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The Humanities Conference 2003

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Presentation Details

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The Challenge of Visual Technologies to Traditional Humanistic Conceptions of Knowledge: A Case Study from within an American Technical University

Prof. Amit Ray.

1. Project: Digitization and related visual technologies are transforming traditional constructions of the humanities and transforming the ways in which the university situates itself and its educational processes within a global economy. We will examine these developments from a variety of specific disciplinary perspectives and, more generally, address the cumulative effects of these trends on the role of the humanities in a technical university.
2. Institutional Context: RIT's programs are career-oriented and responsive to market forces, facilitating entry into a globalized and technocratically conceived political economy. While oriented especially toward the technical professions, however, nearly 30% of the curriculum is within the Liberal Arts (the social sciences and humanities). Thus, the professed mission of the humanities is to provide an educational foundation for students' professional studies.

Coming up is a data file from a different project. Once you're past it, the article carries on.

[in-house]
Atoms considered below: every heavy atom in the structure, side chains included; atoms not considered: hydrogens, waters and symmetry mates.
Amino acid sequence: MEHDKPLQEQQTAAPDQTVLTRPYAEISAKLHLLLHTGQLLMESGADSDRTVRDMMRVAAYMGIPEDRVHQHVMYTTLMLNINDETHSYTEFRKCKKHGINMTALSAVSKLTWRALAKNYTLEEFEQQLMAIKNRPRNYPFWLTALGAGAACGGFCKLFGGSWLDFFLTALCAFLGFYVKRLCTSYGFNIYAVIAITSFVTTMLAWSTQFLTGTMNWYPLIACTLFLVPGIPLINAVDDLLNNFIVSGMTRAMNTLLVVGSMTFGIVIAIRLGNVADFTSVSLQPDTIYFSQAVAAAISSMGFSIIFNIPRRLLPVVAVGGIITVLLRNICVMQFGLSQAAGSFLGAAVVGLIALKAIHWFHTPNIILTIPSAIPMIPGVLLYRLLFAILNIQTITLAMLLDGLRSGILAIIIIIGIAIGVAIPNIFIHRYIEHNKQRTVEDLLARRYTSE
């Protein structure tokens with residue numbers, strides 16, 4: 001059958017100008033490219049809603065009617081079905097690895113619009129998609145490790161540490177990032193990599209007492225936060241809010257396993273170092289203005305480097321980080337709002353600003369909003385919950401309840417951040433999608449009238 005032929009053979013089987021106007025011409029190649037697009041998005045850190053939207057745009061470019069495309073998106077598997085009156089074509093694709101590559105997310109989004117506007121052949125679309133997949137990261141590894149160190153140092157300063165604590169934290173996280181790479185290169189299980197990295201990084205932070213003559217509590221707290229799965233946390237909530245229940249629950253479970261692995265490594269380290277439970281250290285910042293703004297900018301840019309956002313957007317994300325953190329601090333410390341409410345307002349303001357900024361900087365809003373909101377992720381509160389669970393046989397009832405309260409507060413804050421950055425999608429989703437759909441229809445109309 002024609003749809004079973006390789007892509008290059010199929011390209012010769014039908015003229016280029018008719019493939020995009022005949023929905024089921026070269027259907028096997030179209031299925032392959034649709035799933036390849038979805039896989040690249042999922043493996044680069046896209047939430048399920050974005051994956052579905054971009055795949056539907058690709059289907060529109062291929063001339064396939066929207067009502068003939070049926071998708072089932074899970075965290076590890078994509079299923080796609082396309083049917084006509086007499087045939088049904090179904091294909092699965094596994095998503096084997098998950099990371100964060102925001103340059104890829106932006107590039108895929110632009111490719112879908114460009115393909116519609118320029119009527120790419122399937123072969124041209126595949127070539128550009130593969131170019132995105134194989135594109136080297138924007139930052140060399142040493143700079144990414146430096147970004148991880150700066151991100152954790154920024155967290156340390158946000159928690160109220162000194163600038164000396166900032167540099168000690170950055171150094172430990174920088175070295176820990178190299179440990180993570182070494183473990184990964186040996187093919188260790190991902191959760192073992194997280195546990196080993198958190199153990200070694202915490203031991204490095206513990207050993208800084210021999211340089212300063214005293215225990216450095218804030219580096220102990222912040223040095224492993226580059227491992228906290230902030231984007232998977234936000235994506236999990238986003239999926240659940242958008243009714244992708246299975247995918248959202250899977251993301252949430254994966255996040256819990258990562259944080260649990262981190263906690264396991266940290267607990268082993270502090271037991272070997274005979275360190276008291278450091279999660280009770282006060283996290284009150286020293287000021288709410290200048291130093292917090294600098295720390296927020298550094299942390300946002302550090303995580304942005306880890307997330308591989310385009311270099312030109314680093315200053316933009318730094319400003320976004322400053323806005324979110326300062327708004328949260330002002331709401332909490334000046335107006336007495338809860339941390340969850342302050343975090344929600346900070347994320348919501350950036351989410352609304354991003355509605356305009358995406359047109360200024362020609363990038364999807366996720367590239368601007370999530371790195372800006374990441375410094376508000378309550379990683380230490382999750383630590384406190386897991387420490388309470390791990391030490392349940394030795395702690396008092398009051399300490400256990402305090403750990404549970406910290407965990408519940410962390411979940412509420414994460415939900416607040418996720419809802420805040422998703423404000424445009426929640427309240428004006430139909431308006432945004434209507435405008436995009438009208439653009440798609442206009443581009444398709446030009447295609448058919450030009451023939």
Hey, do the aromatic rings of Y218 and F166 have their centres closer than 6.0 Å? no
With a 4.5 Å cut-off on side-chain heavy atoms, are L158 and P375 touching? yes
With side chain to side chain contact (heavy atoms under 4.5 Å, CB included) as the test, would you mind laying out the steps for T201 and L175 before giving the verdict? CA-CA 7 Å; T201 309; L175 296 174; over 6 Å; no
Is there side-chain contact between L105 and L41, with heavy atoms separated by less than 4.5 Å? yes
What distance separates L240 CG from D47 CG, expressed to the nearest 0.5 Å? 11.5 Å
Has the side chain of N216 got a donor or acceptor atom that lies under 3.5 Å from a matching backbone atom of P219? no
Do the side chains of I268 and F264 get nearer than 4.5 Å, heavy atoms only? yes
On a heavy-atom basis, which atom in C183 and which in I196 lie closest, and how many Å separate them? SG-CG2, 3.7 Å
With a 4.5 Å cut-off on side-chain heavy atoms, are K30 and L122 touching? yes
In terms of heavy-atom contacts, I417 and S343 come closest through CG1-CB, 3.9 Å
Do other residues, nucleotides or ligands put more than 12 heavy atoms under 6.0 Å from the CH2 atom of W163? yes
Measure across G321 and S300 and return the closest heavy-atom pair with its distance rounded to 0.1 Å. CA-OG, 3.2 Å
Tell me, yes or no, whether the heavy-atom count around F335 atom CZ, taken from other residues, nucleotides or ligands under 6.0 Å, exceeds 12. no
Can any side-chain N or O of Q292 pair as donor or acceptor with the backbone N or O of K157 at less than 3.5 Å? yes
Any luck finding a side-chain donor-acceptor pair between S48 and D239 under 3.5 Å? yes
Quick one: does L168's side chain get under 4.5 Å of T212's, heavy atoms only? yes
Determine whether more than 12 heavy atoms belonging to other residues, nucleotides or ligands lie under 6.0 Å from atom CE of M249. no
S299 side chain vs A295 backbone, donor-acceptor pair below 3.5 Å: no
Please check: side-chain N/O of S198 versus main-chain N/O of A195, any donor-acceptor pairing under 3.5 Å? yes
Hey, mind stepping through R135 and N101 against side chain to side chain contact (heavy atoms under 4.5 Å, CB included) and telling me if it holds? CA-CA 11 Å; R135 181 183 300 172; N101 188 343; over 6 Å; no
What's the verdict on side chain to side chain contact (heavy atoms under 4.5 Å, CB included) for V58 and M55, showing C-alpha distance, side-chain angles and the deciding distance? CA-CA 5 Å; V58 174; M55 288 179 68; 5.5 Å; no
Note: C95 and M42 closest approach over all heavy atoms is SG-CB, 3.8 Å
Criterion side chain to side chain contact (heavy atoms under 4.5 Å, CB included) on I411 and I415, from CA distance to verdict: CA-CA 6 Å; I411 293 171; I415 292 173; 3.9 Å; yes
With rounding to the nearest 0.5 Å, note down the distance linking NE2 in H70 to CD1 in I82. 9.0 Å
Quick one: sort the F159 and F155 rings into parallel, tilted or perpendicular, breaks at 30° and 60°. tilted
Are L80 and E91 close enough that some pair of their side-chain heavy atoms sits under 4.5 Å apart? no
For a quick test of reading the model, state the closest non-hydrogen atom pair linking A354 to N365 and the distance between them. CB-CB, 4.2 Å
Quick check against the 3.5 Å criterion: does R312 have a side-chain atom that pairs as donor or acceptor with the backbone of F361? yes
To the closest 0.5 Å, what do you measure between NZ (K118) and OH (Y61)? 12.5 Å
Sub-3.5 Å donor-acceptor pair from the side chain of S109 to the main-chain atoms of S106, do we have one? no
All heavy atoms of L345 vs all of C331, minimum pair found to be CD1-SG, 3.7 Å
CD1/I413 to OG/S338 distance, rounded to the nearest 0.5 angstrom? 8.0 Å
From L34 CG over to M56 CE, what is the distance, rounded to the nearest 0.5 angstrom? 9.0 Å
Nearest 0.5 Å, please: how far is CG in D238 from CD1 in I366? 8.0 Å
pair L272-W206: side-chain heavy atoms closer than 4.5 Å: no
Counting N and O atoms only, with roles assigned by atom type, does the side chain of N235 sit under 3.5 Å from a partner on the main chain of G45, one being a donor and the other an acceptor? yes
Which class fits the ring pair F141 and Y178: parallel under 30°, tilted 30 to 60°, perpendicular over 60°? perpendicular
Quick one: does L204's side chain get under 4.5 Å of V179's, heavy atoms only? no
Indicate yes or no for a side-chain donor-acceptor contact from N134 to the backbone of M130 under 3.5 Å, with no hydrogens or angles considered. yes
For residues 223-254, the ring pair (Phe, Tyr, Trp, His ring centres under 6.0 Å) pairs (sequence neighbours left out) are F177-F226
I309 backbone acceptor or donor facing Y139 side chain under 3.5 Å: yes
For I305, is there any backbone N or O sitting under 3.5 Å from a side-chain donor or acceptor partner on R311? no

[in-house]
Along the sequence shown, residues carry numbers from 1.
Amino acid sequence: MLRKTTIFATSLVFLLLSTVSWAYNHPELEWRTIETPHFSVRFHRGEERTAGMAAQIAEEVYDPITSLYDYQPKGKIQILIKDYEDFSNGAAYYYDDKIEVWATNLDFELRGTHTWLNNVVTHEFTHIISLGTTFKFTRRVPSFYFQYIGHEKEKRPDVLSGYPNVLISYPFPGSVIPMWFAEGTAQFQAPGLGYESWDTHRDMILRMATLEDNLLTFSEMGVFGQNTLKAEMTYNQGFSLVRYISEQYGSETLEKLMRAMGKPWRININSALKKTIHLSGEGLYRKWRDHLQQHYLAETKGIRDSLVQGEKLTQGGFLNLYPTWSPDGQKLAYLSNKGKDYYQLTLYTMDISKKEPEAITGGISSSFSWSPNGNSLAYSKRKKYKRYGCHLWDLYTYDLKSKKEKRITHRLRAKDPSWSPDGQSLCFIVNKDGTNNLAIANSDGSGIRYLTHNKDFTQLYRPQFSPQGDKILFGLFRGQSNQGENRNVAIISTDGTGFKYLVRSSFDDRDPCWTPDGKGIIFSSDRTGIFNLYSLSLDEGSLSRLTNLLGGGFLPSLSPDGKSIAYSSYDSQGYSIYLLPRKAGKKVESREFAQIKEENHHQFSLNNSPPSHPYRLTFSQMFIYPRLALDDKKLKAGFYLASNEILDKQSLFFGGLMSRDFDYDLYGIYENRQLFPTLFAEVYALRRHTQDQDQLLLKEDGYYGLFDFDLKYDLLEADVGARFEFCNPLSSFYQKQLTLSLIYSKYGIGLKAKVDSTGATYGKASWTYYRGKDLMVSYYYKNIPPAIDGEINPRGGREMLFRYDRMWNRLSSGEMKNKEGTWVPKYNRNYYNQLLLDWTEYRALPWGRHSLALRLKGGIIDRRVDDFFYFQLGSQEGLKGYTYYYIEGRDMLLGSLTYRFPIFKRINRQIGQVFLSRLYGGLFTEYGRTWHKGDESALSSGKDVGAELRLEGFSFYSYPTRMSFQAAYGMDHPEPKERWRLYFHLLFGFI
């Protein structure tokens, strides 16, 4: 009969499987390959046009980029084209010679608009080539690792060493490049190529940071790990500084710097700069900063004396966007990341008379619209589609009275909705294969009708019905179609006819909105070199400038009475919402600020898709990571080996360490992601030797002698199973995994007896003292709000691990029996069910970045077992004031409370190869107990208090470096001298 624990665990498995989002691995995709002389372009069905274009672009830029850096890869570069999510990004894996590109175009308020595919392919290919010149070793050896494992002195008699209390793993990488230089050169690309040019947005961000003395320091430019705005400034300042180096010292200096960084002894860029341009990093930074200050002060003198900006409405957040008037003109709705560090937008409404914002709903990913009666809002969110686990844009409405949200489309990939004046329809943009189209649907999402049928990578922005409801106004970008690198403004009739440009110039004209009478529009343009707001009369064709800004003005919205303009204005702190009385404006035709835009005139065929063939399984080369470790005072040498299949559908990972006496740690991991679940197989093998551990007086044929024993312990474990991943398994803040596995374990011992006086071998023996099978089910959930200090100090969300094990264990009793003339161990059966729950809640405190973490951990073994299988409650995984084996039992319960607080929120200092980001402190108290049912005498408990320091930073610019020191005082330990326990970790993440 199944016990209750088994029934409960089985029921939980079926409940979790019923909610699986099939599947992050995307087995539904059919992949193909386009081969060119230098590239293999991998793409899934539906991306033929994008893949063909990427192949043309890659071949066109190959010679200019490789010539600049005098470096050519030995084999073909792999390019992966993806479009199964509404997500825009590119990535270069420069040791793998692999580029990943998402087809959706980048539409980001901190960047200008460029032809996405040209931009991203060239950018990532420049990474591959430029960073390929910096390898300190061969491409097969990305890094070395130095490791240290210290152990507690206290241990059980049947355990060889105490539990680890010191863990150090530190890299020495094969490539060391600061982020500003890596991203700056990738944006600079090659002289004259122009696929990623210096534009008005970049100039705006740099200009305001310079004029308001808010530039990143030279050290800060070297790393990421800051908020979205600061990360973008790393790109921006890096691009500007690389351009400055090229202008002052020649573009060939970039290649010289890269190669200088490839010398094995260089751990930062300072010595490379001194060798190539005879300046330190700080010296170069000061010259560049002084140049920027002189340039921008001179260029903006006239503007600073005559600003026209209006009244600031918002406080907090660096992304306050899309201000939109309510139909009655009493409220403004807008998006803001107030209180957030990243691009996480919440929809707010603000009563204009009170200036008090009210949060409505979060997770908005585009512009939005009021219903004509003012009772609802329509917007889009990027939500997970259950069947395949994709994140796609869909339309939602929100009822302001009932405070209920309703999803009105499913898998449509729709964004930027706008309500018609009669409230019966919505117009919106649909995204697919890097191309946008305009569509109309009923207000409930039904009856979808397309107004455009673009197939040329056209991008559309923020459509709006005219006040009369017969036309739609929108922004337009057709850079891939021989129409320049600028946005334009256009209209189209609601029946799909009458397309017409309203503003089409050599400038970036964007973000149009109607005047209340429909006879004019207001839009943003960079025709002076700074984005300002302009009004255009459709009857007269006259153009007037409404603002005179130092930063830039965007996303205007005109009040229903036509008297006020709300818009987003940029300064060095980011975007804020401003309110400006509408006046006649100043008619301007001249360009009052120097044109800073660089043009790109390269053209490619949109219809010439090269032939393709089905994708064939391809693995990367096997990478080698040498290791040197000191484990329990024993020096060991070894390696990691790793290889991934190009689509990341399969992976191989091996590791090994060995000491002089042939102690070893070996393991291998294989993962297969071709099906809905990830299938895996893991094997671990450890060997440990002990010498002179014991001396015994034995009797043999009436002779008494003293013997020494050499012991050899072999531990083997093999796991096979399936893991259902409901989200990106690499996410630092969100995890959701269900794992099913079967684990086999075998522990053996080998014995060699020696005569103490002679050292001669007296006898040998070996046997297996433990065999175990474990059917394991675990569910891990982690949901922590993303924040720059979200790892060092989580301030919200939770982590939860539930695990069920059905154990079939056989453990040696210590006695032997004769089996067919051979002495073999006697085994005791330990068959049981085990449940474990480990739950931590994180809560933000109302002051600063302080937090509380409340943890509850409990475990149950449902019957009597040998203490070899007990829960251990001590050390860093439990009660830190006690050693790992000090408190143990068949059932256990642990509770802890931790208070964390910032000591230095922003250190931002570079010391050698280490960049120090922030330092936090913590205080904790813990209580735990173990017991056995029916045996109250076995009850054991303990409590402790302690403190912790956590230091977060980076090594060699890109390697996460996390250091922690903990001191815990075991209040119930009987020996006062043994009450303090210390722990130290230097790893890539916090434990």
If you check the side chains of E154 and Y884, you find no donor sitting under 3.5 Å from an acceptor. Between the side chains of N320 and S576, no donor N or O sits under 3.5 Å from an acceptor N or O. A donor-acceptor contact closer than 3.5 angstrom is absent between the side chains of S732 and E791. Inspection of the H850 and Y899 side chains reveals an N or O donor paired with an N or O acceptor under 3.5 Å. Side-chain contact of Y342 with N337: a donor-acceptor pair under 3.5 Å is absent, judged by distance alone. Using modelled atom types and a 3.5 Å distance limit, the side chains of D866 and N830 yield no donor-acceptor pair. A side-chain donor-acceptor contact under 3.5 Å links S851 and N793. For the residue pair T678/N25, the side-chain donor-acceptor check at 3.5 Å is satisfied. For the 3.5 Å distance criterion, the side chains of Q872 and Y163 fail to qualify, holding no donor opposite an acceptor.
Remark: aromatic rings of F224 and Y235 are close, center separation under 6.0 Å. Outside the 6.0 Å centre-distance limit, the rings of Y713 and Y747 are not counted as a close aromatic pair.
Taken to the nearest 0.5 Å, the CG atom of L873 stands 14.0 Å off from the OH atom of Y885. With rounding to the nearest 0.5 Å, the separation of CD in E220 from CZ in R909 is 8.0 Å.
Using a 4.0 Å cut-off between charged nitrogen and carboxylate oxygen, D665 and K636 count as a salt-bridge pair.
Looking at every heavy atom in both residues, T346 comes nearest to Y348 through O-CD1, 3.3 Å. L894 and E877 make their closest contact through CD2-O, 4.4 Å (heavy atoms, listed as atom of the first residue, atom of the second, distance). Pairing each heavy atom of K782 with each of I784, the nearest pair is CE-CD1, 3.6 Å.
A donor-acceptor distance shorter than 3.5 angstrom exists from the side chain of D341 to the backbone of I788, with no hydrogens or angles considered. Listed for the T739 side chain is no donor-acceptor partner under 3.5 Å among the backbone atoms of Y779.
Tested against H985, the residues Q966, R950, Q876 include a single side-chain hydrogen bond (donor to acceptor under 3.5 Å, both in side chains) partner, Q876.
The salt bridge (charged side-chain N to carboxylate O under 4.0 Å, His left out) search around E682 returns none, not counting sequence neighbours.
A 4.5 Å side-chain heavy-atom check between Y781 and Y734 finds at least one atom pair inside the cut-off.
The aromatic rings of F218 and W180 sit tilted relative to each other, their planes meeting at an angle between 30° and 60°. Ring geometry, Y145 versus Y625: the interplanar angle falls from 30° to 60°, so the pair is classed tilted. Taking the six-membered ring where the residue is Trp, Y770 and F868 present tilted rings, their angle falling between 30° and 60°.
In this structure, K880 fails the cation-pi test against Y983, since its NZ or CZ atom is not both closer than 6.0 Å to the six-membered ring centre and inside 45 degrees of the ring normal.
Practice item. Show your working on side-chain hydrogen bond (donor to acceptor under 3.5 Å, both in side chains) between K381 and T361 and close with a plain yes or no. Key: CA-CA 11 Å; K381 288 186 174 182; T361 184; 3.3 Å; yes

3. Disciplinary Contexts: From the four perspectives of Composition and Rhetorical Studies, Literary and Cultural Studies, Philosophy, and Visual Cultural Studies, we will explore some of the ways that visual technology and visual culture are challenging traditionally text-based, narratively organized knowledge: On an epistemological level, ocularcentric metaphors, cultures, and technologies transform the production and representation of knowledge; on an ontological level, the technologized visual mediates what is seen to exist and what is experienced to exist in fundamental ways; on a pedagogical level, the technologized visual reconfigures what is learned and induces new cognitive relationships to the objects of knowledge; and on a socio-political level, therefore, the humanities in general are challenged by their unavoidable participation in a deeply ambivalent trajectory.
4. University/Global Contexts: We hope to provide a sense of how these trends affect the very nature and function of the university as a staging ground for and enthusiastic participant in this global context.


Prof. Amit Ray  (United States)
Assistant Professor
Prof. Timothy Engstrom Prof. Lisa Hermsen Prof. Jessica Lieberman Prof. Sandra Saari Department of Language and Literature, College of Liberal Arts
Rochester Institute of Technology

Amit Ray is an Assistant Professor in Literary and Cultural Studies at RIT. His areas of specialization include postcolonial theory, orientalism and European intellectual history with regard to South Asia.

  • Technology
  • Visual
  • Technical University
  • Teaching
  • Humanities
  • Rhetoric and Composition
  • Literary and Cultural Studies
  • Visual Cultural Studies

(60 min Workshop, English)